It seems like I’m always playing catch-up when it comes to fairy tale fiction. That’s why I’m glad there are folks like Heidi over at the Sur La Lune blog who make a point of keeping up to date on these things. However, there are sometimes books that you feel you really need to tell people about regardless of how behind you are. That’s how I currently feel about The Lunar Chronicles by Marissa Meyer. The Lunar Chronicles is a series of science fiction books for young adults (in book and library lingo that translates to “teenagers”). Before going any further though, lets take a look at how the author, Ms. Marissa Meyer, is described by her own author page on Amazon.com:
“Marissa Meyer lives near
with her husband and their three
cats. She's a fan of most things geeky (Sailor Moon, Firefly,
color-coordinating her bookshelf...) and will take any excuse to put on a
costume. She may or may not be a cyborg.” Seattle
So, it’s pretty clear she’s one of us. That’s something that becomes pretty clear when you see how she approaches fairy tales. There have been many people who have retold fairy tales by placing them in different settings. Ms. Meyer is one of very few who have retold fairy tales in a setting that she had to create herself. The Lunar Chronicles take place in a technologically advanced future a few centuries ahead of where we are now. It’s a future that has endured another World War, which resulted in political lines being redrawn so dramatically that each continent has evolved into its own super-country (Asia has become The Eastern Commonwealth, North and South America have become The American Republic, etc.). It’s a world that has androids and cyborgs and is being threatened by a deadly plague called Letumosis. And then there are the Lunars. The Lunars are a race of people that developed from Earth expatriates who fled to the moon. Many of them are endowed with a Lunar “gift” that allows them to control the bioelectricity in people’s minds and bodies and control their thoughts and actions.
The first book in the cycle is Cinder. Cinder is a take on “Cinderella”. Linh Cinder is a cyborg mechanic working and living in the city of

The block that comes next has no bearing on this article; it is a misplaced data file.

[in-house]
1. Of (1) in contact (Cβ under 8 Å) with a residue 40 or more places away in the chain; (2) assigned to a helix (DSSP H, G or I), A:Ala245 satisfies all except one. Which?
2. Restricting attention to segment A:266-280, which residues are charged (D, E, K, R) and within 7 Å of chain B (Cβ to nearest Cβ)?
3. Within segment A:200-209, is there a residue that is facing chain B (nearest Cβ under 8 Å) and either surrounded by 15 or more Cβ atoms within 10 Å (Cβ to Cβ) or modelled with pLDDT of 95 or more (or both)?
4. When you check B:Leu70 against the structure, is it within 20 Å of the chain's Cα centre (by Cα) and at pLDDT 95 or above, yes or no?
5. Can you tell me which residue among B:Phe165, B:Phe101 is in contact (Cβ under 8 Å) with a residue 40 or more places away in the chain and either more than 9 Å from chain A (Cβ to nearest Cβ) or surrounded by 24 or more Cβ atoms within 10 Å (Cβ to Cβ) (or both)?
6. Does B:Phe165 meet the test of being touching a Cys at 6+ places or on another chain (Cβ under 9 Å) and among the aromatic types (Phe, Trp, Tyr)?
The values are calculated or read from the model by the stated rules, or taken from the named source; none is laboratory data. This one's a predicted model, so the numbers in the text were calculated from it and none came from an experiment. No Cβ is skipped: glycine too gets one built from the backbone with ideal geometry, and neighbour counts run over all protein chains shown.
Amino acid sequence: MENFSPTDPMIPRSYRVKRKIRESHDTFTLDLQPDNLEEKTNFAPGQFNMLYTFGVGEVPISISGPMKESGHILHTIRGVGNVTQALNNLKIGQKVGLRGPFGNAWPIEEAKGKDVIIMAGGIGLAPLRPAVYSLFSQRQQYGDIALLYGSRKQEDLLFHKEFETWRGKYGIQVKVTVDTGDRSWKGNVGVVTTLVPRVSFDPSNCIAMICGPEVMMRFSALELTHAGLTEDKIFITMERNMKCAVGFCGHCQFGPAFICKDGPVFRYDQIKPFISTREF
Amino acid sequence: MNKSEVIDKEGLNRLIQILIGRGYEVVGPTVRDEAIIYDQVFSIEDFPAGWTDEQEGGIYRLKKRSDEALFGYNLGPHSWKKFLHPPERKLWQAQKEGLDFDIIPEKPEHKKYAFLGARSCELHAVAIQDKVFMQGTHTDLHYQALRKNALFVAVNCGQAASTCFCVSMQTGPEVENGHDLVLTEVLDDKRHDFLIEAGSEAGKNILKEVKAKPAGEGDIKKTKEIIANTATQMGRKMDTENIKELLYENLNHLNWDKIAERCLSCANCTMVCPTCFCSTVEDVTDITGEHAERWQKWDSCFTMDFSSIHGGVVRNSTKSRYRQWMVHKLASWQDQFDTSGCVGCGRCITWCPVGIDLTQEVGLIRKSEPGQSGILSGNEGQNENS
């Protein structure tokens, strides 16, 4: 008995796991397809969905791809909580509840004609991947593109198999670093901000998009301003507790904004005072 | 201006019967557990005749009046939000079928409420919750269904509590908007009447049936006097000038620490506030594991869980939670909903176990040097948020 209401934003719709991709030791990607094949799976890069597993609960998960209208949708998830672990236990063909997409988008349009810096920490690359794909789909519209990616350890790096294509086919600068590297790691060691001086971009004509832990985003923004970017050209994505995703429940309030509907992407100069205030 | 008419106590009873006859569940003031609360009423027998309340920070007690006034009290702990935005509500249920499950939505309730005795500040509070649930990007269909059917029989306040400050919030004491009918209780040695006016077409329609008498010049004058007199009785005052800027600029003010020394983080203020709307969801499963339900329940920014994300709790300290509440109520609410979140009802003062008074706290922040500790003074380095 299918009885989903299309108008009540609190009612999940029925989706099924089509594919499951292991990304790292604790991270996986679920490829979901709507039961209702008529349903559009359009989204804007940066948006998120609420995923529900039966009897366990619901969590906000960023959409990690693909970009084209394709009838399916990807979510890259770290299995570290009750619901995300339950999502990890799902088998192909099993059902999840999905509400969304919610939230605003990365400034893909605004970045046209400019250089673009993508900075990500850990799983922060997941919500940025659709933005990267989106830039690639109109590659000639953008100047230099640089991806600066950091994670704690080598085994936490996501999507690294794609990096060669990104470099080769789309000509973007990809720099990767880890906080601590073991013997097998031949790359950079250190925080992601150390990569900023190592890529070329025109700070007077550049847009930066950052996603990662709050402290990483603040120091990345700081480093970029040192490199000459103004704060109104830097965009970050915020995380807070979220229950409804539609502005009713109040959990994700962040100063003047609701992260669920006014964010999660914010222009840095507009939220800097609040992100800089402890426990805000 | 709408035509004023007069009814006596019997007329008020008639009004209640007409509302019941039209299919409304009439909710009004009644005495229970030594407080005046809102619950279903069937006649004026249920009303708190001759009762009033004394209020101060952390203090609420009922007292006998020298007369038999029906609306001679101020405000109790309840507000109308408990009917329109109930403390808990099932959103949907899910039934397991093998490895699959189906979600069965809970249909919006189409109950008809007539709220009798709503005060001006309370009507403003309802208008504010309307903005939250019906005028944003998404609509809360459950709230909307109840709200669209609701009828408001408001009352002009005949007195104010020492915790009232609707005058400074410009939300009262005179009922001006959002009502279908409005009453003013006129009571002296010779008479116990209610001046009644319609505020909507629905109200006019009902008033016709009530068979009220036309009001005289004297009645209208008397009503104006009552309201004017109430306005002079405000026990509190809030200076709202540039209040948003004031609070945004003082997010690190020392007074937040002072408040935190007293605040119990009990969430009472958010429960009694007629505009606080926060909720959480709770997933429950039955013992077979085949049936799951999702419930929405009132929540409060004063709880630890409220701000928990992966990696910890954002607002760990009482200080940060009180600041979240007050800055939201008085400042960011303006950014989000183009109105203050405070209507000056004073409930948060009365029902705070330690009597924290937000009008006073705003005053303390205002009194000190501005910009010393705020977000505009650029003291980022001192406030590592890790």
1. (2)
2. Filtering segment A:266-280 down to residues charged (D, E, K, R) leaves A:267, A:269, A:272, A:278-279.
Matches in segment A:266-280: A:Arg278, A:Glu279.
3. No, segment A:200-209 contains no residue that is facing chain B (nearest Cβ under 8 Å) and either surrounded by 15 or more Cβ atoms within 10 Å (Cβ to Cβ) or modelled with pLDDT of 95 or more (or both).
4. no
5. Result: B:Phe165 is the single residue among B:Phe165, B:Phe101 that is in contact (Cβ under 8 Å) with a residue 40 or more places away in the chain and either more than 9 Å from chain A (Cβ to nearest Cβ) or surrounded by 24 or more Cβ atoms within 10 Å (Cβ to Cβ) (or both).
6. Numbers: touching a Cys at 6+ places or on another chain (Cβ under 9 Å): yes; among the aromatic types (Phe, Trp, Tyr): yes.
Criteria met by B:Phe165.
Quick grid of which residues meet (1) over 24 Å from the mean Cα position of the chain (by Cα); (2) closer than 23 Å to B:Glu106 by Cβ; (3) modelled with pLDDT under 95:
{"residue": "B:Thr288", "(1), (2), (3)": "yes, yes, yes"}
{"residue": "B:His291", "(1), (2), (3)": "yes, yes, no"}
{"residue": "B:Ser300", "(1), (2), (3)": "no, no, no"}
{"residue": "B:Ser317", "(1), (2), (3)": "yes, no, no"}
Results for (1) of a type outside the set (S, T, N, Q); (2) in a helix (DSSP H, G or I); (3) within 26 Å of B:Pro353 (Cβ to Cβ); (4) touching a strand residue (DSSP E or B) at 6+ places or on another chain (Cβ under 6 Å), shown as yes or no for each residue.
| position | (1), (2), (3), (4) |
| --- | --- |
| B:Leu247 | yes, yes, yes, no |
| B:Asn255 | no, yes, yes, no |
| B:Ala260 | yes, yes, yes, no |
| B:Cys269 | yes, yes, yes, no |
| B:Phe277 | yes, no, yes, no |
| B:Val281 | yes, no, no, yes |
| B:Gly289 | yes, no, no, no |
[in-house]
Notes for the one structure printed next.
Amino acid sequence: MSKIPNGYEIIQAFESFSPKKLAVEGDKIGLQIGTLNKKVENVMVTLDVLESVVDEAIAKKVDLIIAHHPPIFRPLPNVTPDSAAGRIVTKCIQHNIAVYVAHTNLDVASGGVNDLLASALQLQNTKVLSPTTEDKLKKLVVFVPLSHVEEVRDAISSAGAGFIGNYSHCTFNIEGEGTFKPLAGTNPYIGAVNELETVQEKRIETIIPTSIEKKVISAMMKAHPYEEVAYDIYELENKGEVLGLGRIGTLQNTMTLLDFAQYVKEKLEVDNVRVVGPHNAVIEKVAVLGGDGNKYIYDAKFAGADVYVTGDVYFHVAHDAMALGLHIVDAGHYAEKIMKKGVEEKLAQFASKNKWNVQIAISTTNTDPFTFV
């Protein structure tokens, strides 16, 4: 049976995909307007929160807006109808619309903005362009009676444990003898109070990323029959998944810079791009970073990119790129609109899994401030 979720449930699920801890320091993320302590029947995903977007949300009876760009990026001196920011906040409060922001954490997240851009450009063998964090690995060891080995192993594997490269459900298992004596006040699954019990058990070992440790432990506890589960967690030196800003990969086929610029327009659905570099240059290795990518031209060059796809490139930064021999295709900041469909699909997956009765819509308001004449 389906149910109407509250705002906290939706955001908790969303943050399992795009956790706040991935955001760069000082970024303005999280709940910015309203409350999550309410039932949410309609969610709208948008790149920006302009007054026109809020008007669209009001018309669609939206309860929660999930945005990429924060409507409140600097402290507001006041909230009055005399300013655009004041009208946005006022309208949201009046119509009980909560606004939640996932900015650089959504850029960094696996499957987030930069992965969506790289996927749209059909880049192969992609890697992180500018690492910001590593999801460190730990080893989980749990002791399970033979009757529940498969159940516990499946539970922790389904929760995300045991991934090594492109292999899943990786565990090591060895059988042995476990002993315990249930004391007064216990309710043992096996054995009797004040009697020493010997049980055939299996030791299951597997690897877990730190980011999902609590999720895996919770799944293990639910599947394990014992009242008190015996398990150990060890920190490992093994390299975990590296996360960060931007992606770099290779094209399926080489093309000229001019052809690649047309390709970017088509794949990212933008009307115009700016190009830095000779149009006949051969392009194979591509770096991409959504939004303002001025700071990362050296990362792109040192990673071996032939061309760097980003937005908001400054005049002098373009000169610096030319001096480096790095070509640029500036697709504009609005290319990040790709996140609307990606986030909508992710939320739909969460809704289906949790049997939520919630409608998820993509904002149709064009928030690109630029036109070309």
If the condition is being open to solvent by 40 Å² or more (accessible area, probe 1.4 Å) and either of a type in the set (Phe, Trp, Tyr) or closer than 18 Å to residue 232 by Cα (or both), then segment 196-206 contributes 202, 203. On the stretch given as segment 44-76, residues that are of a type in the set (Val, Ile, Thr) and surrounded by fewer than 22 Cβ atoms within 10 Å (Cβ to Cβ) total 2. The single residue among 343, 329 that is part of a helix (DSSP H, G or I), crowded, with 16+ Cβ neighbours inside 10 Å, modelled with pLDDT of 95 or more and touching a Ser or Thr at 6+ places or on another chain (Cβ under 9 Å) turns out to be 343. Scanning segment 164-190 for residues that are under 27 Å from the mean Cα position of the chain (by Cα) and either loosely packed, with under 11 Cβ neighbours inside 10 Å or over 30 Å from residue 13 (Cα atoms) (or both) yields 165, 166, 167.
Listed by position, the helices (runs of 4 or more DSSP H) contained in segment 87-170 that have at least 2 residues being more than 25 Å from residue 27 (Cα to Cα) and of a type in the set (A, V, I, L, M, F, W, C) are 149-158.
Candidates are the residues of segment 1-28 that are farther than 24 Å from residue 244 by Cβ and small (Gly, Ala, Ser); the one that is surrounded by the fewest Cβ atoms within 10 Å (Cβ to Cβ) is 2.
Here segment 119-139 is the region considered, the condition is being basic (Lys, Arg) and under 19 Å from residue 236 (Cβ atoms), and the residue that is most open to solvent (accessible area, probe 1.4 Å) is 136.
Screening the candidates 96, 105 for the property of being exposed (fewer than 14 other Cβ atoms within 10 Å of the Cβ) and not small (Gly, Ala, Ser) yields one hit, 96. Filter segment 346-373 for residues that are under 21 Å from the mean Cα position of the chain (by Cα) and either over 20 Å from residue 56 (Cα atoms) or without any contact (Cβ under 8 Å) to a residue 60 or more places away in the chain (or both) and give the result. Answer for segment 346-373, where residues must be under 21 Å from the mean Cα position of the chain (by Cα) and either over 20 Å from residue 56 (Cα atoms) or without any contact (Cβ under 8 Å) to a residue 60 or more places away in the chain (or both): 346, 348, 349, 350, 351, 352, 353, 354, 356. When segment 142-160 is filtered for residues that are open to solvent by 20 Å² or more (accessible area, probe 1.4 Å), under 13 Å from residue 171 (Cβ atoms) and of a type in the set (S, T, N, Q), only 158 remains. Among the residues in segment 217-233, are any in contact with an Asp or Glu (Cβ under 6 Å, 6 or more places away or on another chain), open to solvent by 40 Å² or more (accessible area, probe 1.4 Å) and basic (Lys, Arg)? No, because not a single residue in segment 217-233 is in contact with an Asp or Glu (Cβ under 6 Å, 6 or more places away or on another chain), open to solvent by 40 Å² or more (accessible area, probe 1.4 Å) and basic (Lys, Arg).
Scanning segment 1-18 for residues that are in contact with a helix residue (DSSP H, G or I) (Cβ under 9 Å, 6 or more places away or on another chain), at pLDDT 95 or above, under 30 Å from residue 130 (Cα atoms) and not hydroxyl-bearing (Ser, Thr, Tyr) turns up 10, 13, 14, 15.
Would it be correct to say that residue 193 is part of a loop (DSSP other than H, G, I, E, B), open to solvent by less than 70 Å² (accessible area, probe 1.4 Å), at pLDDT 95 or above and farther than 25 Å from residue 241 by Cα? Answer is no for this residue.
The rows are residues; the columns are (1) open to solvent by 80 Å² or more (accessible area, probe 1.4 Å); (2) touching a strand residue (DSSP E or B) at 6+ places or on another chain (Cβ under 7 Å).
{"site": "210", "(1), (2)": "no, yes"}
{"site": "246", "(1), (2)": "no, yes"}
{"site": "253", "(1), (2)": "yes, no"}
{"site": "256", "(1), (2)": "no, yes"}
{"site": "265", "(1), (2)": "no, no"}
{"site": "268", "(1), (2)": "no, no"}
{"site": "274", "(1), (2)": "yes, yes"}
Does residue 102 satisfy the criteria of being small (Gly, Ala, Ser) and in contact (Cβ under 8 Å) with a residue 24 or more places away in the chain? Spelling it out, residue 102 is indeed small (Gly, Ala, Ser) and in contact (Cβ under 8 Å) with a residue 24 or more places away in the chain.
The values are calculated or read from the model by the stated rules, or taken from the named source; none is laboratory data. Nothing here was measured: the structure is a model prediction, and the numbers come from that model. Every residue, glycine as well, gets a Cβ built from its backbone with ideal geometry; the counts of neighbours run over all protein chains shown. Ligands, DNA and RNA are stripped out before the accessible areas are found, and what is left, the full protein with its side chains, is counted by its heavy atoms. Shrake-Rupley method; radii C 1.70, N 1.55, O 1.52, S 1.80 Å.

Beijing in the . As a cyborg, the Commonwealth treats her as a
second-class citizen and property of her stepmother. Her only friends are a servant android named
Iko and her stepsister Peony (her other stepsister Eastern
Commonwealth , she’s not so close with). Her life follows its usual routine until one
day Prince Kai comes to her shop to try and get one of the royal androids
fixed. This starts a chain of events
that changes everything in her life and everything she thought she knew about
herself (and yes, there is a trip to a ball involved). Pearl
The second book Scarlet is based on “Little Red Riding Hood”. Scarlet Benoit lives with her grandmother, a farmer and ex-military pilot, in the
France region of Europe. One day, Scarlet’s grandmother disappears and
the police can do nothing to help her.
She decides to take matters into her own hands. Her only chance of finding her seems to lie
with a mysterious street fighter called Wolf, who she finds herself inescapably
The third book, Cress, takes elements from Grimm’s “Rapunzel”. Cress is a Lunar shell, which means she was born without the ability to manipulate bioelectricity. She’s spent her whole life living on a satellite working as the Lunar Queen Levana’s official hacker, programmer and spy. However, she’d do anything to escape to Earth. She gets her chance when Cinder and her crew of outlaws, including American soldier turned thief Carswell Thorne (who Cress’s crushing on something fierce), comes to her rescue. Things don’t quite go as planned, though.
I tried to give you the set up for each book without giving too much away. The best way to get into the world created for these books is to dive right into them with the first book Cinder. I think this series is one of the most interesting things being done with popular fairy tales lately. If I had to pick a favorite among them, Cinder is probably it. In the past, I’ve written off “Cinderella” and its various variants and retellings. I was one of those stories that never really impressed me. Marissa Meyer impressed me, though. She made me care about Cinder in a way I’ve never cared about other Cinderella analogues. While other “Cinderellas” may seem terribly passive, Cinder is clearly strong and brave but hampered by her situation. I wasn’t quite as impressed with Scarlet, but I tend to think “Little Red Riding Hood” has been done to death, especially in the young adult paranormal romance mold. There’s still a lot of good in that book, though. Cress was almost as good as Cinder. I especially liked how Thorne got some focus. I’m a sucker for scoundrel heroes. He does remind me a little bit of Flynn Rider from Disney’s Tangled but he also reminds me of Jack and various other “clever fool” heroes from folklore, so I’m willing to let any Disney-like qualities slide. This isn’t the end, though. A prequel entitled Fairest that focuses on the villain Queen Levana has been announced for a January 2015 release. Also, the final book in the series Winter based on “Snow White” is due out in November 2015. If you’re looking for fairy tale retellings that take these world famous tales to someplace vey new and different, you should definitely check out Marissa Meyer’s The Lunar Chronicles.